Also you’ll find some different solutions than we have here in the south. I was surprised when I first went up there that I’m going to say communal living, but I don’t mean in a large sense. I mean folks who have roommates, three, four, five young professionals living together in a home is extremely common up there just to make the rent affordable. So we talk about adjusting the situation for that. And then those dealing with actual significant debt issues that can’t be resolved. We talk about, of course, consumer proposals, bankruptcies if need be, but we find again with those good stable jobs, well paying jobs, that a lot of people are opting for consumer proposals and able to manage their debt that way.
Bruce: Because of how spread out your client base would be, did you find it by comparison to LIT’s, license insolvency trustees who served urban centers, that it was easier for you to go to remote? Were you already remote in many ways?
Crystal: Personally, I’ve always enjoyed connecting with individuals, even pre-Covid, who weren’t located in theese larger centers. So I’ve practiced from Brandon, Manitoba, which is the second largest center in Manitoba. I’ve dealt with individuals who lived in these small communities of 2000-3000 people in rural Manitoba. And Manitoba actually itself has quite a large northern population above the 53rd parallel. There’s a significant proportion of our population that lives there and so we’ve always kind of catered to that. We find that especially the extreme northern residents are very tech savvy. They’re fairly young as well. Yellowknife’s average age is in the mid thirty’s. And so it really is not difficult to connect with these people. And they’re used to doing business at a distance and we’ve really appreciated that and taken advantage of it, frankly.
Bruce: You referenced the consumer proposal. This is something that we’ve talked about a lot on the show, but I think it bears repeating. What are some of the circumstances that would have an individual seriously consider a consumer proposal? And I think it’s important that we continue to reiterate the breadth of solutions out there for people who are dealing with a level of debt that they can’t manage. A credit candidate would be a debt consolidation program for license insolvency trustees. It would be a consumer proposal or a bankruptcy filing. But tell us what the essence of the consumer proposal is and for our listeners who are dealing with debt, what should they check to see if whether or not this fits for them?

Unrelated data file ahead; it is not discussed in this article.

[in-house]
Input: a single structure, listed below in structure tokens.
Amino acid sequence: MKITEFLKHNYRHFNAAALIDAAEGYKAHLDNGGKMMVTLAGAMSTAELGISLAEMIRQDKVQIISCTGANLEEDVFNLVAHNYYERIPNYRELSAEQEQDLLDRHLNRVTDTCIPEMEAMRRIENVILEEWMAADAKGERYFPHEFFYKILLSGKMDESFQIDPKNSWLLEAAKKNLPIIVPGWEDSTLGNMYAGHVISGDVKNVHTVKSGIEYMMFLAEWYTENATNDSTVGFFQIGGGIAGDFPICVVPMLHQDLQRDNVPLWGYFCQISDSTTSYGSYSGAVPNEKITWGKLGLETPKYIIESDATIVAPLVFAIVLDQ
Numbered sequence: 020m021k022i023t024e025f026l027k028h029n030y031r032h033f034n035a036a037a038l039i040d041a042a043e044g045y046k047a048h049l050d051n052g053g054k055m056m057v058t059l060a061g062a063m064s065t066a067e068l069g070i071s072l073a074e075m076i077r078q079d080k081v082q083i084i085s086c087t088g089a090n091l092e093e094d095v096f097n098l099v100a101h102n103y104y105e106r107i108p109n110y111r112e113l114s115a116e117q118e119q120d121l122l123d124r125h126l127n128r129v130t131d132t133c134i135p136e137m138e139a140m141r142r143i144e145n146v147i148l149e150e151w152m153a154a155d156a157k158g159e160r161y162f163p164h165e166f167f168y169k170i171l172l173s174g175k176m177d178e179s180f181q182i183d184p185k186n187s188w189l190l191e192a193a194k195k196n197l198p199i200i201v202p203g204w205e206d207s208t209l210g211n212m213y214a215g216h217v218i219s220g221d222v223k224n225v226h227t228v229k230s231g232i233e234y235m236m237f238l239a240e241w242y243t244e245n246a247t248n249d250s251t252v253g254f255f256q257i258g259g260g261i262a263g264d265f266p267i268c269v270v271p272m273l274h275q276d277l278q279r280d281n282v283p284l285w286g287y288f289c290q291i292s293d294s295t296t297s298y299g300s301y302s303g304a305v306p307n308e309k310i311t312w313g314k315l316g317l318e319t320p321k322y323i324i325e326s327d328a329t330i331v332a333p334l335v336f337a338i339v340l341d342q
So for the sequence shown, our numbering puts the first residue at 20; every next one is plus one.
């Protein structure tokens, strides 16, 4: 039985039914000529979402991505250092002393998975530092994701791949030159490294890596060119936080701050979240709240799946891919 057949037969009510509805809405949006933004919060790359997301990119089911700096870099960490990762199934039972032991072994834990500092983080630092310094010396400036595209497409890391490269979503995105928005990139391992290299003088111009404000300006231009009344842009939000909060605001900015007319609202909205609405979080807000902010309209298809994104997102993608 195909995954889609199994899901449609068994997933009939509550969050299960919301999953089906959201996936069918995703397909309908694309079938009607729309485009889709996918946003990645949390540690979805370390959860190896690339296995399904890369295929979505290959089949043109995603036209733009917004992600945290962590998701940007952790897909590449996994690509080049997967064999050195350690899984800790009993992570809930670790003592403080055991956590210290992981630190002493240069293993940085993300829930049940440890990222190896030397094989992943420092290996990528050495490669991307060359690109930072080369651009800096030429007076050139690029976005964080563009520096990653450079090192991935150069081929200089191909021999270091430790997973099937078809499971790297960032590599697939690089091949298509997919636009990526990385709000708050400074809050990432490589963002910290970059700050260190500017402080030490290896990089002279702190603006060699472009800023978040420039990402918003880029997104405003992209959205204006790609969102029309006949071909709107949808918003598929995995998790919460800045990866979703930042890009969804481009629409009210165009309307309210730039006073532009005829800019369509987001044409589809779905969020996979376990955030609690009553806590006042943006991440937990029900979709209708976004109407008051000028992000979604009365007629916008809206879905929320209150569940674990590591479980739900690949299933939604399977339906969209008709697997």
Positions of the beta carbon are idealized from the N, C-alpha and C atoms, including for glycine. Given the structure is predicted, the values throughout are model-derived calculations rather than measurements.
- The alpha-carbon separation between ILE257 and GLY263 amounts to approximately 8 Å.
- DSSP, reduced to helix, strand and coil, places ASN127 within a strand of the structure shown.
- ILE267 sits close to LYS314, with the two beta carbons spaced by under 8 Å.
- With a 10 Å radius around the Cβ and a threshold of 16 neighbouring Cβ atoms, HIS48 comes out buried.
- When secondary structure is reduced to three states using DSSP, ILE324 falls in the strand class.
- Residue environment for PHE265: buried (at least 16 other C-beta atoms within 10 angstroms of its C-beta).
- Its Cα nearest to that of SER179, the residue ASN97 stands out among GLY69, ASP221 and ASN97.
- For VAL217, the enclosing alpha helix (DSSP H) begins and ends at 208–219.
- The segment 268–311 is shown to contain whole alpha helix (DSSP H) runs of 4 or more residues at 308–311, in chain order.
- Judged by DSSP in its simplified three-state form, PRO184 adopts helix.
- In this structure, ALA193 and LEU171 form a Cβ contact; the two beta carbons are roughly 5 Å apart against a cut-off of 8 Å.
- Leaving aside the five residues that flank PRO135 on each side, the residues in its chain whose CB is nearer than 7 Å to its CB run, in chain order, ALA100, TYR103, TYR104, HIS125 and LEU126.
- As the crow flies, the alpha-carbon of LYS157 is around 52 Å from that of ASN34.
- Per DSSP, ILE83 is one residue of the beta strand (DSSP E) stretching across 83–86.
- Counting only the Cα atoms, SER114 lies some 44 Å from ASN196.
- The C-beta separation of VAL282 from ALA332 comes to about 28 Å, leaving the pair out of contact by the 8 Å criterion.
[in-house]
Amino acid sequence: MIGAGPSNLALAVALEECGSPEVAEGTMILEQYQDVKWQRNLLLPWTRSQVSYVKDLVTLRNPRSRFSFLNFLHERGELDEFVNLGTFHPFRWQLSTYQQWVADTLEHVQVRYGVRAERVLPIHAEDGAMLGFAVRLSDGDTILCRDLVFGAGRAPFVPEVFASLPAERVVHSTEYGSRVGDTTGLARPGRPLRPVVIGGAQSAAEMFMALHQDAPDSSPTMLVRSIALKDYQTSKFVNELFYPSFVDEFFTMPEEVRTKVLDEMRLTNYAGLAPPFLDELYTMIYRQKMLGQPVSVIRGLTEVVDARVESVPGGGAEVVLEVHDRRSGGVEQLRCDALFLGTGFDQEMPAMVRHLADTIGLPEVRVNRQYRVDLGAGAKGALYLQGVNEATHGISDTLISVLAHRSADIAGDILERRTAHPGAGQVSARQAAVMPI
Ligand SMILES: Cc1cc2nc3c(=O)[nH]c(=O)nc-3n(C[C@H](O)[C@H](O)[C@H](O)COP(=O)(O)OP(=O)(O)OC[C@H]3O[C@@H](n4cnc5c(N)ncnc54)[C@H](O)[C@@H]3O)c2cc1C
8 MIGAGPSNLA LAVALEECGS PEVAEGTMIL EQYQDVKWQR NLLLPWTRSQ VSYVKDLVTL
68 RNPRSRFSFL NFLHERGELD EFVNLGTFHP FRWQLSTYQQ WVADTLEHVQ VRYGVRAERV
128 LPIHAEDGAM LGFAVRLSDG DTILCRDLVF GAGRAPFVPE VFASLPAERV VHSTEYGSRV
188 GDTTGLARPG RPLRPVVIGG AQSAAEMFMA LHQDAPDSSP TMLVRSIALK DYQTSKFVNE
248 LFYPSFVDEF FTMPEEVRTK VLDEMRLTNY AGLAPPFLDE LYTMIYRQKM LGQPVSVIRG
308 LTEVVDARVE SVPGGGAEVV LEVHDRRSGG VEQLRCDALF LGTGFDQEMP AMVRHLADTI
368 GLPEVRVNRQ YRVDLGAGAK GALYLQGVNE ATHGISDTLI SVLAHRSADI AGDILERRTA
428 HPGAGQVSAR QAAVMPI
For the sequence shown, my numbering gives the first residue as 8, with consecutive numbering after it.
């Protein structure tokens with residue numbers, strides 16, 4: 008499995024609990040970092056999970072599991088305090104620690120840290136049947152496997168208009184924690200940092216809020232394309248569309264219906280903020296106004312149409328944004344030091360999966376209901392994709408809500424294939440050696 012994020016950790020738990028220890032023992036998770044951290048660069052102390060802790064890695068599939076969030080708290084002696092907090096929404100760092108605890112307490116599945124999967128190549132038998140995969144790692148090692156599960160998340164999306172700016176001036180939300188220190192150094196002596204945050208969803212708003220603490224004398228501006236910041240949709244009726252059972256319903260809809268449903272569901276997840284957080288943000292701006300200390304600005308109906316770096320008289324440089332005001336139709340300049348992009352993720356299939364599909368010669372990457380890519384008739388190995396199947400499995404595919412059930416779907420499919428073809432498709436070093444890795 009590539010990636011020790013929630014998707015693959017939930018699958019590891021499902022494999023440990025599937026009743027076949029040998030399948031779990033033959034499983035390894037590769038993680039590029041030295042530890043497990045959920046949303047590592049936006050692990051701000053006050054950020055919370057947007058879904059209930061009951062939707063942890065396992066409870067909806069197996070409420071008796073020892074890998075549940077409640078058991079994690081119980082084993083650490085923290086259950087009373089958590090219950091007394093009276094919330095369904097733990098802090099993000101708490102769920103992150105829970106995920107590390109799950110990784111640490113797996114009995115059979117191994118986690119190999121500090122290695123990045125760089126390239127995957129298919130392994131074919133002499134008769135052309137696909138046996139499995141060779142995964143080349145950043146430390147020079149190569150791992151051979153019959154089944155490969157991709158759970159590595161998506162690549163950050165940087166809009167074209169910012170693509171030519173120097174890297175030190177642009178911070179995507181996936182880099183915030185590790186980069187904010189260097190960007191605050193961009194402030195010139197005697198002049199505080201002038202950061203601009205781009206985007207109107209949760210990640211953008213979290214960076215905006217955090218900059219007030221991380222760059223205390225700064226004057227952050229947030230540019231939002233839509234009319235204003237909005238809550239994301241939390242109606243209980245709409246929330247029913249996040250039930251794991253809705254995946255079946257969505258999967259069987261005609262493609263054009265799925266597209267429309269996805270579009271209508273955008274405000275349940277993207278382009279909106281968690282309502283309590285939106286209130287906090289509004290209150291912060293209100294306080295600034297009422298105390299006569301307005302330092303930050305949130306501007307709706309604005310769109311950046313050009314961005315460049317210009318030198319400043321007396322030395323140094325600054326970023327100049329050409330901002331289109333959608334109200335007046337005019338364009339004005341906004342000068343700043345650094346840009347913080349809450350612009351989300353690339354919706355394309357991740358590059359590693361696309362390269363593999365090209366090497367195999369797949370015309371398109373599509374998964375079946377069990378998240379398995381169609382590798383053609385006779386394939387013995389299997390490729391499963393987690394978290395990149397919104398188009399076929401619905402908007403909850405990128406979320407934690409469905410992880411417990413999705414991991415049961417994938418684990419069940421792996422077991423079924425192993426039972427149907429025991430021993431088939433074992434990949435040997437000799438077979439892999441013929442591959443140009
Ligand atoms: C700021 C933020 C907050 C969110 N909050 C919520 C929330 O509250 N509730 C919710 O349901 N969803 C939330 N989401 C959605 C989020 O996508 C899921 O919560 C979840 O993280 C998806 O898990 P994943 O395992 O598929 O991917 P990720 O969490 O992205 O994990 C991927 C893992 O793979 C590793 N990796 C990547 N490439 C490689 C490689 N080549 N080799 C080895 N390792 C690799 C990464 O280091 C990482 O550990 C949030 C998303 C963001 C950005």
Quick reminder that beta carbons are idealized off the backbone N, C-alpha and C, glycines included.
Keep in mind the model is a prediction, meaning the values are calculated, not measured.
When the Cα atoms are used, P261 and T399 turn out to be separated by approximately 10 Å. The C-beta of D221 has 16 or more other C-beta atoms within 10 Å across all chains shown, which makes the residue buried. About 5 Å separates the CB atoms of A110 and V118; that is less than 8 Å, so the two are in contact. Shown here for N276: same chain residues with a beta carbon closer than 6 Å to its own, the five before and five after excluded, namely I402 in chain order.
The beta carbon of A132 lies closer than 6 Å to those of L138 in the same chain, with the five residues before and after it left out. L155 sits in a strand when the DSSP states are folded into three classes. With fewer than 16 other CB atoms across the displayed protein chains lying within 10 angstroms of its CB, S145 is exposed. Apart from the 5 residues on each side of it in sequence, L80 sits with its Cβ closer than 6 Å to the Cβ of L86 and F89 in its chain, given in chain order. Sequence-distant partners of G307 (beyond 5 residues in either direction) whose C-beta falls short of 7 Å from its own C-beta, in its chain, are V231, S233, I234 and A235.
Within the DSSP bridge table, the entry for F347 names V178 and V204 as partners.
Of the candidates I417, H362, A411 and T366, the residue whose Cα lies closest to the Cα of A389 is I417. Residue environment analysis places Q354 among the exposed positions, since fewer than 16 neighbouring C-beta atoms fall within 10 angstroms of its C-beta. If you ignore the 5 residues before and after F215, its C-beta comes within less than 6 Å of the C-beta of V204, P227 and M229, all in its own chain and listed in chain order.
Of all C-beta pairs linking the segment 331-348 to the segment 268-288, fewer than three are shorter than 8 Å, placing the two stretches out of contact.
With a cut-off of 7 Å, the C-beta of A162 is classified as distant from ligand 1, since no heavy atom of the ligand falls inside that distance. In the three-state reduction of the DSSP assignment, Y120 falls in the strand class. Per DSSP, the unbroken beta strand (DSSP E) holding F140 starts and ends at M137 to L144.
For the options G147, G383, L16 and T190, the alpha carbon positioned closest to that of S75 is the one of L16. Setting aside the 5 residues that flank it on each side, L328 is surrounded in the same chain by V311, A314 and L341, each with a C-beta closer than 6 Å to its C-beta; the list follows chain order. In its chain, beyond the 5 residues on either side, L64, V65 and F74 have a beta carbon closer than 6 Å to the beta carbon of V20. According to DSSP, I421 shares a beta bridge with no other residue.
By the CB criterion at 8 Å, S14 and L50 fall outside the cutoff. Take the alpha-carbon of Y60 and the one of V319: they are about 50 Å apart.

Crystal: A consumer proposal, really, like you mentioned, one of the options that a licensed insolvency trustee can help with, they’ll settle that. They’ll either reduce the principal, the interest, and sometimes in certain cases, they can reduce both. Ultimately, it is a legally binding agreement between a debtor and their creditors that allows them to stretch their payments over a five-year period at a payment that can be afforded by the debtor even if it doesn’t actually pay the debt in full. Creditors are generally incentivized. Or they would be interested in accepting a consumer proposal, so long as it offers them more than if that same person chose to file a bankruptcy. And so it makes sense, both from a debtors point of view, reducing their payments, putting it on a predictable payment plan, but also from the creditors point of view. It generally gives them more than they would get in the bankruptcy.
Bruce: Crystal, thank you for joining us today.
Crystal: Thank you so much, Bruce.
Bruce: I appreciate you chatting with me about our folks up north. Crystal Buhler is with C. Buhler & Associates Ltd. She is a licensed insolvency trustee and her focus is Canadians who live in the gorgeousness of Canada’s north.